70% of those who primarily walk to the strip would like to see the service lane changed. 86% of those who primarily drive to the strip would not like to see the service lane changed.


The raw results can be found at a public dropbox.

Thursday, October 17, 2013

Your Future Tenleytown

From Ward 3 Vision:

Neighborhoods across DC are changing in ways not imaginable even a decade ago. New housing developments are popping up all over the Logan Circle area, Shaw, NOMA and other downtown areas; new restaurants open weekly; bike lanes, Cars-2-Go and other new transit modes abound. We even have Union Market – DC’s aspiring answer to robust city markets like Reading Terminal in Philadelphia.

And then there’s Tenleytown – the staid, grey lady. Home to very desirable residential neighborhoods but bounded by the at-best uninspiring Wisconsin Avenue retail corridor. Why hasn’t Tenleytown experienced the same renaissance as other parts of the city? More importantly, what are the opportunities for its future?

Ward 3 Vision, a group of local citizens who can imagine our neighborhoods as even better urban places – more walkable, sustainable, and vibrant – is sponsoring a “Tenleytown Visioning Workshop” and invites interested neighbors and citizens to discuss these questions and more. The workshop will be held on 9 November 2013 at American University’s Nebraska Hall (one of its new residence halls, adjacent to the Katzen Center), beginning at 9am, and will bring together denizens of Tenleytown and surrounding neighborhoods to share your vision, hopes and blue-sky dreams for Tenleytown.

Click here to register.

Wednesday, October 02, 2013

Et Tu 3D?

There have been complaints over the years regarding different ANCs, both throughout the Ward and across the city. Mismanagement of funds, excessive perception of power, ego inflation, you name it. At the core and in theory, ANCs are a great model for hyper-local governance. When there are so many examples of malfeasance, however, it becomes time to evaluate whether it is worth the effort and city resources to continue the office.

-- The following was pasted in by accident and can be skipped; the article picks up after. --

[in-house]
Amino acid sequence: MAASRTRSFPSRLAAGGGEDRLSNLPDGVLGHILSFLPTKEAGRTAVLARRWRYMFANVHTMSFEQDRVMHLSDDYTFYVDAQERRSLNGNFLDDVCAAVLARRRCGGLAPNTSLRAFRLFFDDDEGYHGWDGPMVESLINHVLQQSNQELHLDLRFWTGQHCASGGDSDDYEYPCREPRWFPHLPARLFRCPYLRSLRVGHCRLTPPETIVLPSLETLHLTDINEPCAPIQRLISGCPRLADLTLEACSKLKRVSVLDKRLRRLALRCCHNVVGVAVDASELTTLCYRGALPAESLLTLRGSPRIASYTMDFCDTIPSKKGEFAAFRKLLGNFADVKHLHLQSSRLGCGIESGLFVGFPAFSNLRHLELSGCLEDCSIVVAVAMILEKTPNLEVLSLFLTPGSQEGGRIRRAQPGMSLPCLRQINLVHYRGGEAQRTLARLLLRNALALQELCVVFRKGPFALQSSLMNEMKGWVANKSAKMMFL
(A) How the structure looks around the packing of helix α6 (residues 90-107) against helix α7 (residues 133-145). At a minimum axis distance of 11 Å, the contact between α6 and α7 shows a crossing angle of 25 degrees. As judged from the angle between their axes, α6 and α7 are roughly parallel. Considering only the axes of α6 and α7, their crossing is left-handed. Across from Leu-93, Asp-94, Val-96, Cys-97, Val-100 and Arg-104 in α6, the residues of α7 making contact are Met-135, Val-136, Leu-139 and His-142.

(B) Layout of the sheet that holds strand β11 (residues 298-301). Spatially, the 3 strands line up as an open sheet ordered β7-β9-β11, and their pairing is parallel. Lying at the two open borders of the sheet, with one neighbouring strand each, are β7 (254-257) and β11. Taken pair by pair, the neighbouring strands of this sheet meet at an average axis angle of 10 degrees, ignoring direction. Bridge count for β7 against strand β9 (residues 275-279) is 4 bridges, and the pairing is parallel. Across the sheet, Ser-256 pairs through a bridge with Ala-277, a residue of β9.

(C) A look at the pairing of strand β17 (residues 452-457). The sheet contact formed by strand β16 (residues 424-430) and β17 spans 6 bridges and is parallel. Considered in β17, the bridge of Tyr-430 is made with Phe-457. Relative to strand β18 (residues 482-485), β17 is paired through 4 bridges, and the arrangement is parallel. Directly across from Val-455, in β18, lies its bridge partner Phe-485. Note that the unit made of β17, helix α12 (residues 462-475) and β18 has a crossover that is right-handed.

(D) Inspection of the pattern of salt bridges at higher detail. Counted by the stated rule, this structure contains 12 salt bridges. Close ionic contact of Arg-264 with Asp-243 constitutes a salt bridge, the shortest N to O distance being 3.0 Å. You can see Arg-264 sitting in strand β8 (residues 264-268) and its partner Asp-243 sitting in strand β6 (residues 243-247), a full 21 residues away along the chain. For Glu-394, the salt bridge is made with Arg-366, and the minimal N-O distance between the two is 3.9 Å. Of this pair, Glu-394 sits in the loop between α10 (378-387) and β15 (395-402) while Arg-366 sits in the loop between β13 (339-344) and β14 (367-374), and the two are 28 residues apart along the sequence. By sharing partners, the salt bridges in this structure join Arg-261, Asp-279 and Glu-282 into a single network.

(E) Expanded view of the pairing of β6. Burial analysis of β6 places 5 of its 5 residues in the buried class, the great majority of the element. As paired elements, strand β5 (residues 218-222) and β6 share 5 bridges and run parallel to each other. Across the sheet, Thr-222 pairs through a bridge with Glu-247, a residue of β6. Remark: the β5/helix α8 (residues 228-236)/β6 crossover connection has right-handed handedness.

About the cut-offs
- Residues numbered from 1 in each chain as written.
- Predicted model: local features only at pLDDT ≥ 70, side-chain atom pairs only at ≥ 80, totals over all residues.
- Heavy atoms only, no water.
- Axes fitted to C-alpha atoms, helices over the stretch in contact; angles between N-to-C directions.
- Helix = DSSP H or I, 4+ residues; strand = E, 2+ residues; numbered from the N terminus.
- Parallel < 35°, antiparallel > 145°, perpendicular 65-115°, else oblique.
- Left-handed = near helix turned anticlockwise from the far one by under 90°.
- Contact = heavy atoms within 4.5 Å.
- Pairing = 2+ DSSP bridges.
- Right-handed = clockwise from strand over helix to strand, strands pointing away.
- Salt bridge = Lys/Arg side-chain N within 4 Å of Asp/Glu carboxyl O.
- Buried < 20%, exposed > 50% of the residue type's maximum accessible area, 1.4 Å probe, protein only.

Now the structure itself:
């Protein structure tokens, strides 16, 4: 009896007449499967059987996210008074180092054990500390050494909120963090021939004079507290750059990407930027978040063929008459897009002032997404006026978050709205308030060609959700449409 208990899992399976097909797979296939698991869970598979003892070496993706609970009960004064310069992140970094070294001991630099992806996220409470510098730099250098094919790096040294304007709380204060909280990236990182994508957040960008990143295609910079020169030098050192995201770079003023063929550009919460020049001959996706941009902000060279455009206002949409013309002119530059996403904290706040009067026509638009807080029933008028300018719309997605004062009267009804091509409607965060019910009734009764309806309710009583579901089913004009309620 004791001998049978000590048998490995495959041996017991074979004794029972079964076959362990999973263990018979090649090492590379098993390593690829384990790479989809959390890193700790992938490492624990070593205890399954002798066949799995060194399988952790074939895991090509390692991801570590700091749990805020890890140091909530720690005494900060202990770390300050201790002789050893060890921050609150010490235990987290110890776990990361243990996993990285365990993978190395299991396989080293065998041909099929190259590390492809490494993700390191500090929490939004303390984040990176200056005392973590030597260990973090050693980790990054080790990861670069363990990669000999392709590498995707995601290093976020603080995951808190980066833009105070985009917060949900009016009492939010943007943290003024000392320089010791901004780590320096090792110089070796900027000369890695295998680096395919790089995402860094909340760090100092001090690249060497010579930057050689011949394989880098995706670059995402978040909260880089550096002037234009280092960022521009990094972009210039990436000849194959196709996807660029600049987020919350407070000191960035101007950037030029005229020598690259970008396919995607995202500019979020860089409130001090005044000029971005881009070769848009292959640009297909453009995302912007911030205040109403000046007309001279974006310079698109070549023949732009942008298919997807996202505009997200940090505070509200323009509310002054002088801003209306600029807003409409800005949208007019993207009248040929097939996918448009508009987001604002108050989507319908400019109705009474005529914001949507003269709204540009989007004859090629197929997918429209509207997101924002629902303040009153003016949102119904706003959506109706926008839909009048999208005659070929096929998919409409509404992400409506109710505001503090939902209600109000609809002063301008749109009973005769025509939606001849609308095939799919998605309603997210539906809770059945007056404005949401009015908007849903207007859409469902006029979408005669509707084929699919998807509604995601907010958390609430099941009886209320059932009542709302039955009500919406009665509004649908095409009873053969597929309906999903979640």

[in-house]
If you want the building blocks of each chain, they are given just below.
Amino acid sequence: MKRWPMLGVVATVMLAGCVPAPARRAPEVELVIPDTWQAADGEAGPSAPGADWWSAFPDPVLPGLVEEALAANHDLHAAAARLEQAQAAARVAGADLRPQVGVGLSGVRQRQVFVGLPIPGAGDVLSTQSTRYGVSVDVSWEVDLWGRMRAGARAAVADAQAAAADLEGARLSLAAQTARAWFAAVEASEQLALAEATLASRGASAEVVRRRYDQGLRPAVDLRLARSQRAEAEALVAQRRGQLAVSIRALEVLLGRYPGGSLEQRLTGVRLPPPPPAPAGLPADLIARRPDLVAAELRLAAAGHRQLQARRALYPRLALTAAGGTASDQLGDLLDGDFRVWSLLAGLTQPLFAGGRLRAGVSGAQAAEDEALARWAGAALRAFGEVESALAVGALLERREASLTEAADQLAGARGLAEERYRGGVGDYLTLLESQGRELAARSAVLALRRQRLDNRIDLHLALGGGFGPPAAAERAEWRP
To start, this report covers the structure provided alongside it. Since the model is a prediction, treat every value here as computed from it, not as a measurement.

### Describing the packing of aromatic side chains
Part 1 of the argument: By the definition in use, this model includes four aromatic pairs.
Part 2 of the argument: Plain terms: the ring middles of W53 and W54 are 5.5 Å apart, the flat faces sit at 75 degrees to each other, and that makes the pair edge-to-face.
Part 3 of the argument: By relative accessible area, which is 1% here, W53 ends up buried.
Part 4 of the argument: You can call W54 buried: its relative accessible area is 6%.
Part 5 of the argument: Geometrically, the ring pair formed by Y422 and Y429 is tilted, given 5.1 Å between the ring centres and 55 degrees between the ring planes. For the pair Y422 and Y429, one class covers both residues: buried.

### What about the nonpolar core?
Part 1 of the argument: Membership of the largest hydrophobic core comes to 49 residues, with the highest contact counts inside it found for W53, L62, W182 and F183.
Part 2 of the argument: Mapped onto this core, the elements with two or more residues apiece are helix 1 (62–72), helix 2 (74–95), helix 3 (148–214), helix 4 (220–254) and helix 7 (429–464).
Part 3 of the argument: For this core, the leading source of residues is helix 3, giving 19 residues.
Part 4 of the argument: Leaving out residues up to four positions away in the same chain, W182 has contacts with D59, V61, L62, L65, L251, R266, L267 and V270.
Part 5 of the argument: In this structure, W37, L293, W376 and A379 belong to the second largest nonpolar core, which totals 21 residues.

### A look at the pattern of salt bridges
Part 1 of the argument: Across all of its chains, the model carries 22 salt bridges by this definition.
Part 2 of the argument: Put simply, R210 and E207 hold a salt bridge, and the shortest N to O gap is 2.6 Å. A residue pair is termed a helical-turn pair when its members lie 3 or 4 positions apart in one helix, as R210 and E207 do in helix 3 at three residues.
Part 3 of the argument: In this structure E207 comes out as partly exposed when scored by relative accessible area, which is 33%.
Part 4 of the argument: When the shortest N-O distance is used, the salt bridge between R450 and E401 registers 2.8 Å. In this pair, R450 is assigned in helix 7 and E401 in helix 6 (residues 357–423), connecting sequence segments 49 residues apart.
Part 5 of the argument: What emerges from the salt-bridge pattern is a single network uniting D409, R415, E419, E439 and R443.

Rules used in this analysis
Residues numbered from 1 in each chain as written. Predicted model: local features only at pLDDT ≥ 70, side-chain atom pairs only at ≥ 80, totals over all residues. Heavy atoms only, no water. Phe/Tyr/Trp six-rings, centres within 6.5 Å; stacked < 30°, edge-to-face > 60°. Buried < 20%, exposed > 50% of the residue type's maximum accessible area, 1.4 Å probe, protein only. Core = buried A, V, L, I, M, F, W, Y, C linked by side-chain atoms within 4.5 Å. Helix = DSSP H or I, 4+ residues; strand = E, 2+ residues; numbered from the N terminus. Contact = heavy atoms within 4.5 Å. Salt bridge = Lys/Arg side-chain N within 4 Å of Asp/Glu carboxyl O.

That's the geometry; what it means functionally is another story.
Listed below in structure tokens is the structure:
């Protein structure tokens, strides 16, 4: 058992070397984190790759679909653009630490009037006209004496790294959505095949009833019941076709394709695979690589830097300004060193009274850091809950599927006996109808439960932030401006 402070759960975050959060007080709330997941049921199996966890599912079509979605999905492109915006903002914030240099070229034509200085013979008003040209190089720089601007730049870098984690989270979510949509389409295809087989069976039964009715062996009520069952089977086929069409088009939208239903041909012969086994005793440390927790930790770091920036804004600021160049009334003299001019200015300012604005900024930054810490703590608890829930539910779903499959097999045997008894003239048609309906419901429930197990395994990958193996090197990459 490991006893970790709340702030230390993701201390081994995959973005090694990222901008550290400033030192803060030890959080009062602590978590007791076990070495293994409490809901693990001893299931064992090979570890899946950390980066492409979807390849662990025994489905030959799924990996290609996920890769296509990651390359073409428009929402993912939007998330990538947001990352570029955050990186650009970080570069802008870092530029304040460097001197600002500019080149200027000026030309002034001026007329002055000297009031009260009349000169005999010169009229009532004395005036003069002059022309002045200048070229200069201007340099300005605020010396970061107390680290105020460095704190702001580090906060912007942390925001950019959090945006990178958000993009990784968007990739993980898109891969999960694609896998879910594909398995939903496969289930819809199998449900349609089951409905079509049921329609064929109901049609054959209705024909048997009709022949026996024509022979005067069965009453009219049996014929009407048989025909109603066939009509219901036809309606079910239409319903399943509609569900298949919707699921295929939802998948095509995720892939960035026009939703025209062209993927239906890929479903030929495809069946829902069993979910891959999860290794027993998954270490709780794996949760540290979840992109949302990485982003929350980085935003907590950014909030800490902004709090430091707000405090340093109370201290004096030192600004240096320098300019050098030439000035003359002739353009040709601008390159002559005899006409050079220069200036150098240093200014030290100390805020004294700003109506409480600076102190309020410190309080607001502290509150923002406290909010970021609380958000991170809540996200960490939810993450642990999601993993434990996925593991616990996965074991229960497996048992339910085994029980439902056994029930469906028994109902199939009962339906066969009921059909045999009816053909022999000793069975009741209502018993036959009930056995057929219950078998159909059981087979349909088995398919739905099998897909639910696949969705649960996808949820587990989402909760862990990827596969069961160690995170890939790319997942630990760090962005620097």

To wit, ANC 3D passed a resolution at a properly noticed meeting with a quorum, to not oppose (PDF) the installation of bike lanes on New Mexico Avenue. If fact, the resolution specifically states:


Commissioner Ross made a friendly amendment that the resolution include a request, but not a requirement, that DDOT include in the current Ward Circle Transportation Study consideration on the proposed bike lane on New Mexico Avenue and do so as rapidly as possible



So what is happening? According to a post on Greater Greater Washington, the ANC has circulated a resolution to be considered at the meeting TONIGHT (without notice or a courtesy posting on any of the neighborhood listservs) to require the afore mentioned study before the new bike facilities are installed.

Since the July resolution was passed, DDOT completed the planning and is actually announced that the implementation is nearing completion. It is hard to fathom why the ANC thinks such clandestine action is necessary.

Maybe they will explain it themselves at the meeting.

Thursday, September 12, 2013

5333 Connecticut Avenue Neighbors Respond

ANC 3/4G recently signed a letter of agreement with the owners of the parcel at Connecticut Avenue and Military Road for a new residential development. Nearby neighbors have appealed the issuance of construction permits by DCRA. The Board of Zoning Adjustment will hear the case later in September, but in the meantime, the neighborhood group has shared its BZA filing.

Any zoning lawyers interested in weighing in on the merits of the appeal?

Wednesday, August 28, 2013

ANC 3E to Take up More Bike Sharrows in the Ward